**RSA** is a first successful **public key cryptographic algorithm. **It is also known as an** asymmetric cryptographic algorithm **because **two different keys** are used for encryption and decryption. RSA is named after **Rivest, Shamir and Adleman** the three inventors of RSA algorithm. The algorithm was introduced in the year 1978.

In this section, we will discuss, RSA algorithm along with an example. We will also study the reason for the evolution of the RSA algorithm along with its advantages and disadvantages.

## Content: RSA Algorithm in Cryptography

- What is RSA Algorithm?
- Key Generation
- RSA Encryption
- RSA Decryption
- Advantages and Disadvantages
- Key Takeaways

### What is RSA Algorithm?

RSA is a **public key** cryptographic algorithm in which two different keys are used to encrypt and decrypt the message. That’s why it is also called an **asymmetric** key algorithm.

But what was the need of this asymmetric key cryptography? Why it evolved? Let us discuss the reason behind the evolution of asymmetric key cryptography. The Asymmetric key cryptography evolves due to the **two problems** of **symmetric key cryptography**.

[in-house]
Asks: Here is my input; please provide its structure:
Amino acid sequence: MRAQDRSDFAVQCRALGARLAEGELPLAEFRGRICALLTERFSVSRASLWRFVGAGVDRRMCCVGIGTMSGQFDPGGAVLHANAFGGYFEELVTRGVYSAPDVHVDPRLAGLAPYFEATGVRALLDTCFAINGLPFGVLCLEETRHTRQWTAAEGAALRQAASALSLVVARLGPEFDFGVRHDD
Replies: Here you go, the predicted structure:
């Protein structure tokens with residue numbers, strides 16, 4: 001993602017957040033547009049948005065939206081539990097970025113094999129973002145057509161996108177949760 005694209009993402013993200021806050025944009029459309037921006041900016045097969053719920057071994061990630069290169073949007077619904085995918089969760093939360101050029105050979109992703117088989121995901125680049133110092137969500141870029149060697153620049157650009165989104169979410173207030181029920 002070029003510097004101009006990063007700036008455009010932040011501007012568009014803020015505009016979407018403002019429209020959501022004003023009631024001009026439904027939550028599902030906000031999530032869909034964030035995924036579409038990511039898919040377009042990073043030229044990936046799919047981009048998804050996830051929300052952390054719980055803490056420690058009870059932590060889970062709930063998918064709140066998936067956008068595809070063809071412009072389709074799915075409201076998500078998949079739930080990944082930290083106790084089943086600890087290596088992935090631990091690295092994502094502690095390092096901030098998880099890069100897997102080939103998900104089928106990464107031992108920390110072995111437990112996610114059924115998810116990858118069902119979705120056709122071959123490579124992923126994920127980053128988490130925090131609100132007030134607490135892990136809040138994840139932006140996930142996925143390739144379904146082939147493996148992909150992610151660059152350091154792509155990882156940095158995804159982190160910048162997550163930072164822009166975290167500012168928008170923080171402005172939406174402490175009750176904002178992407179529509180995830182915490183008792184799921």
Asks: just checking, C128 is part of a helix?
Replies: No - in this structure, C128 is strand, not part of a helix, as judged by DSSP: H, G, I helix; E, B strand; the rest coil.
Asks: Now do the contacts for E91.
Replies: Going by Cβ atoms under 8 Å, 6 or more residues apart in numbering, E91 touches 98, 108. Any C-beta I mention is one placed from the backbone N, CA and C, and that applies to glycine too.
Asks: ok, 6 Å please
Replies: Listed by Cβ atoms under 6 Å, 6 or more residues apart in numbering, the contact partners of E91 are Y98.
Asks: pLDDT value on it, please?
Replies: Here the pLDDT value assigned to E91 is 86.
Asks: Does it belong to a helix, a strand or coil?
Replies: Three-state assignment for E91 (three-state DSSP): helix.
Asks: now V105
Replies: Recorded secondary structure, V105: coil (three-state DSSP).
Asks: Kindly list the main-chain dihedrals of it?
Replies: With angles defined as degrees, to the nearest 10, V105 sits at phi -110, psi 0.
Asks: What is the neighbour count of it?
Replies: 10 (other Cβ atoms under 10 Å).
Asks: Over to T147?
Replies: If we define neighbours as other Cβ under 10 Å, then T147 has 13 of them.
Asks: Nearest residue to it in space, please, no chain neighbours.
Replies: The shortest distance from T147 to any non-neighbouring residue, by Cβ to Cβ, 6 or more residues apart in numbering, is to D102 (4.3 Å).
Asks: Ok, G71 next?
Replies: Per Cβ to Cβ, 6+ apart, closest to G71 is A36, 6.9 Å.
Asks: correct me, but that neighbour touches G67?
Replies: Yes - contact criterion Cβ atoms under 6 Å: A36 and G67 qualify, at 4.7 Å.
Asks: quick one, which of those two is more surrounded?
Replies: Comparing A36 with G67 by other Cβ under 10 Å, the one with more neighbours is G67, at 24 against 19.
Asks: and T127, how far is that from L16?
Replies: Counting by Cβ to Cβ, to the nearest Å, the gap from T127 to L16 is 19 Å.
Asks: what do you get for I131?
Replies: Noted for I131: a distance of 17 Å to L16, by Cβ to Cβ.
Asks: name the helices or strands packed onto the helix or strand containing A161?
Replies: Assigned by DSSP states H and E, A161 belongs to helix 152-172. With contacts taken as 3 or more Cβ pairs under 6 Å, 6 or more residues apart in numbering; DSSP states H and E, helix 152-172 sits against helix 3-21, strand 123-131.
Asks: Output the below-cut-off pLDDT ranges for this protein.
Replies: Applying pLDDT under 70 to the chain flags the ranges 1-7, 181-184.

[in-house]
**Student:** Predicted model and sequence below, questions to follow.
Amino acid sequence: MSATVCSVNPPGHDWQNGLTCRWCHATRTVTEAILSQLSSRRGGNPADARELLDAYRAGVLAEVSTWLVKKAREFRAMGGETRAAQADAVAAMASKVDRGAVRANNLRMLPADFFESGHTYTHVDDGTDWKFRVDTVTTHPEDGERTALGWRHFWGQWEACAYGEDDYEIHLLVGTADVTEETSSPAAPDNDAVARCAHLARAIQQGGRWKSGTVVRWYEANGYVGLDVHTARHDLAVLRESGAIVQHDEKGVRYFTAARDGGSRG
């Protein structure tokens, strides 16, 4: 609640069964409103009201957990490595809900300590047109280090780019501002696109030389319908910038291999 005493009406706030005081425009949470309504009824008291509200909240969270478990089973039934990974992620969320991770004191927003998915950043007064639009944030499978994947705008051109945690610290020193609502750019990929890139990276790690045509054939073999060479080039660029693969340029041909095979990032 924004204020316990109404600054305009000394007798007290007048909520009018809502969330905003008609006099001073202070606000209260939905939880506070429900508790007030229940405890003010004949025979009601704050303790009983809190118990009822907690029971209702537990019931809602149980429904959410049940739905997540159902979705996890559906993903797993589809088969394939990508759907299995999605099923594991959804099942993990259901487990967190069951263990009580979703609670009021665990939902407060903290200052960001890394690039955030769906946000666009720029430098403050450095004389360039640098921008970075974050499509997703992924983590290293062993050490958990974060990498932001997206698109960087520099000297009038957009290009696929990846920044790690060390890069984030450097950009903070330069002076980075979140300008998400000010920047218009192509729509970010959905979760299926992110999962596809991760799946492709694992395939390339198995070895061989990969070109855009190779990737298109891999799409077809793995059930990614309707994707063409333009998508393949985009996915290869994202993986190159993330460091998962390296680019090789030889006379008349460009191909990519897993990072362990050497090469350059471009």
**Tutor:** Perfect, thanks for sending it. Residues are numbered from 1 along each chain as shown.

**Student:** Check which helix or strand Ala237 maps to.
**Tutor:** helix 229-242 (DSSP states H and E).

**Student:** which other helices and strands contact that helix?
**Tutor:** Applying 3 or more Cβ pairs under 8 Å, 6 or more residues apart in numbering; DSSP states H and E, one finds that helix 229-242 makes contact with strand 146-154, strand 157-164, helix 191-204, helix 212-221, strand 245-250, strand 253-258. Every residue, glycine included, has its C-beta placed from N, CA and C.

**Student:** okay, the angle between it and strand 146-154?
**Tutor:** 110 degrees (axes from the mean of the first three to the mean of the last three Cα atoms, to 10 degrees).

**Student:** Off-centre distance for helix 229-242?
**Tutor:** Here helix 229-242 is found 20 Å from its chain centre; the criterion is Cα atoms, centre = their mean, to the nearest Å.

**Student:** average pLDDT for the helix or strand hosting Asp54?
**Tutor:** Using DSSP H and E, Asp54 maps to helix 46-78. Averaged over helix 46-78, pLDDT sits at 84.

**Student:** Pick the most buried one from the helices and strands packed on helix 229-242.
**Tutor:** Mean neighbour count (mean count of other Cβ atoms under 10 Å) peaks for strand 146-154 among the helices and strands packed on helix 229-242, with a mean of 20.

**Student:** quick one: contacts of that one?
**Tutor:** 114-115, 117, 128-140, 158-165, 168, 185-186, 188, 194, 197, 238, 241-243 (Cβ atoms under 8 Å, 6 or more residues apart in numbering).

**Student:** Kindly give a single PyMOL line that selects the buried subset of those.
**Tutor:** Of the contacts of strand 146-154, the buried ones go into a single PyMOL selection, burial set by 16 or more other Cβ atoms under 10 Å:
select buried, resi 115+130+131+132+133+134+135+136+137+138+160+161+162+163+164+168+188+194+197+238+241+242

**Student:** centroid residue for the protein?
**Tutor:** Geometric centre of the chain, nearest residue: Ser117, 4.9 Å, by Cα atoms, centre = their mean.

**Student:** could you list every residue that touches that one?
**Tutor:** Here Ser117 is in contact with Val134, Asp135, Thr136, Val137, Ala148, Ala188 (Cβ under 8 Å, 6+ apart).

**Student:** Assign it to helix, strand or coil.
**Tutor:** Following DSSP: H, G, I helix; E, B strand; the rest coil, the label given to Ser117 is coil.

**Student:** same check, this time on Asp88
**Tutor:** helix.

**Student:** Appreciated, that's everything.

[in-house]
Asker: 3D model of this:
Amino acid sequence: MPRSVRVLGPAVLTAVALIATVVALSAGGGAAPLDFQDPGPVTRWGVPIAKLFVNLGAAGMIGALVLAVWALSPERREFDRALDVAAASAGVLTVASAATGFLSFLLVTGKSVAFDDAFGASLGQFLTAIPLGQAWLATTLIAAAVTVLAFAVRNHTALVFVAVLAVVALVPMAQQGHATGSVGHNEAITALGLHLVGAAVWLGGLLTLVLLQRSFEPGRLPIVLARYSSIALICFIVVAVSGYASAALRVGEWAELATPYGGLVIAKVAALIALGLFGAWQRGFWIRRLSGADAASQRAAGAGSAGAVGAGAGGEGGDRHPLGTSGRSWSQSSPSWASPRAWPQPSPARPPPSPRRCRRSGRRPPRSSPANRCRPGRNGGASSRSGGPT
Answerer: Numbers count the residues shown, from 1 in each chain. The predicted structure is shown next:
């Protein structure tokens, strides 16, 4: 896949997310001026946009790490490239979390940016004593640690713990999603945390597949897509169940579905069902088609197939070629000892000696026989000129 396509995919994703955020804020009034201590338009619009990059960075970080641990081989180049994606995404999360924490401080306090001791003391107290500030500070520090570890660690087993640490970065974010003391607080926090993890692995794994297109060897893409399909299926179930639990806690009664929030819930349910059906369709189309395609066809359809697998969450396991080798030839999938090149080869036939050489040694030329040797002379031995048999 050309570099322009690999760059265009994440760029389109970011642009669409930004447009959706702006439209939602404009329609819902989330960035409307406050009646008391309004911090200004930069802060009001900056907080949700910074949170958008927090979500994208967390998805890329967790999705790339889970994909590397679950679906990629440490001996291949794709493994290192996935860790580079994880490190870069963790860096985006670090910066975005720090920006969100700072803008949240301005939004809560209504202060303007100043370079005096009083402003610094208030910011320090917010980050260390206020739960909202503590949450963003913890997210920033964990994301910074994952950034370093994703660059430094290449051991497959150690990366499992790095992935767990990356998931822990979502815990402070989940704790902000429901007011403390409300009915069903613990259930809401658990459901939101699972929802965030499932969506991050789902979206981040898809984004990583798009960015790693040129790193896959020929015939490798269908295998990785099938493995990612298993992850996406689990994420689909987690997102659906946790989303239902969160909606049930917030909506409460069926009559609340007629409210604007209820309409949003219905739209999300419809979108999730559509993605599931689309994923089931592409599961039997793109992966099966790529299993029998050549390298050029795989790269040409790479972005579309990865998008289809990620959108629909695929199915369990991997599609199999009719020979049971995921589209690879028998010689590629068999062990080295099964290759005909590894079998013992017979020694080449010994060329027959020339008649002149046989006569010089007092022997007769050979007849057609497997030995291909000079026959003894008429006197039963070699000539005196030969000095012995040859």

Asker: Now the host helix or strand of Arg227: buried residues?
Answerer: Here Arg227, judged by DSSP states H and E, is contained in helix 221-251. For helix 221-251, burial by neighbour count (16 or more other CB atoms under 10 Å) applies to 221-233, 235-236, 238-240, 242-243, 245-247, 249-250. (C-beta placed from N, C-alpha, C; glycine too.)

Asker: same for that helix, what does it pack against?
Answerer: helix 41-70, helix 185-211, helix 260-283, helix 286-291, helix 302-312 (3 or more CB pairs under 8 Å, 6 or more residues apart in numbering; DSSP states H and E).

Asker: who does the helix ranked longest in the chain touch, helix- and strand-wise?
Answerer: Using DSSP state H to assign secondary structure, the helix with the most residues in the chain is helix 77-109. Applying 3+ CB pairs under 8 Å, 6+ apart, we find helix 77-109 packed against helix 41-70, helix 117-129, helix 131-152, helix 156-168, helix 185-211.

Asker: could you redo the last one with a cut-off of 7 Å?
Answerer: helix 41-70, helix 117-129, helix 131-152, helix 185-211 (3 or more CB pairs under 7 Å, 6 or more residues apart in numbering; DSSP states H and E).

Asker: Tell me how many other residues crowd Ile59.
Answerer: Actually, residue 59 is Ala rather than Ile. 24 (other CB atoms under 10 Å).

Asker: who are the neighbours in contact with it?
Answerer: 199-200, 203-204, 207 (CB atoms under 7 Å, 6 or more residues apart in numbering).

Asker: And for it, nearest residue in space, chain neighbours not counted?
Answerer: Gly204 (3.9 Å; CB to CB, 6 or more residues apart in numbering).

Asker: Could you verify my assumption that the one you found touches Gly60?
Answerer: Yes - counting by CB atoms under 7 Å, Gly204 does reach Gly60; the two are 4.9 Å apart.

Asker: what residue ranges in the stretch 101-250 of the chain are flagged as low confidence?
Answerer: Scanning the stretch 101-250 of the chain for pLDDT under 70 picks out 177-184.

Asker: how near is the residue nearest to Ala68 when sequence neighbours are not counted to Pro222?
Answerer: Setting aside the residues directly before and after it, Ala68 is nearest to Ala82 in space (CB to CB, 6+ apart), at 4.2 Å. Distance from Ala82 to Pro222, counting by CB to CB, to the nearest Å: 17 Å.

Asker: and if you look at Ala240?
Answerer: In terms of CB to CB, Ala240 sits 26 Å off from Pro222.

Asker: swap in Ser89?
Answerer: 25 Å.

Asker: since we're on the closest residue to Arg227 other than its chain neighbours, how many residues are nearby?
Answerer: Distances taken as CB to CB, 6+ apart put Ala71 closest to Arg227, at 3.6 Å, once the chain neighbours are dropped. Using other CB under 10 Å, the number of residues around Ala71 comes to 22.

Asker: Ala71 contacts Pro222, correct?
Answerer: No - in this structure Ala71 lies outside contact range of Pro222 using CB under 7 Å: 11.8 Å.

The **first problem** with symmetric key cryptography is the key distribution. The two communicating parties may already be sharing the key which has been distributed to them by any means or the key must be shared with the help of a **key distribution centre**. But, using of key distribution centre compromises the secrecy of the key which hampers **confidentiality** of the message.

The **second problem** with symmetric key cryptography is **digital signatures**. That is, there was a requirement of digital signatures which would assure all the parties that message has been sent from a particular individual. So, there was a lack of **authentication**.

Both of these problems of symmetric key cryptography lead to the evolution of asymmetric key cryptography. In the year 1978 the three inventors at MIT; Rivest, Shamir and Adleman introduced RSA public key algorithm which follows the essential steps below: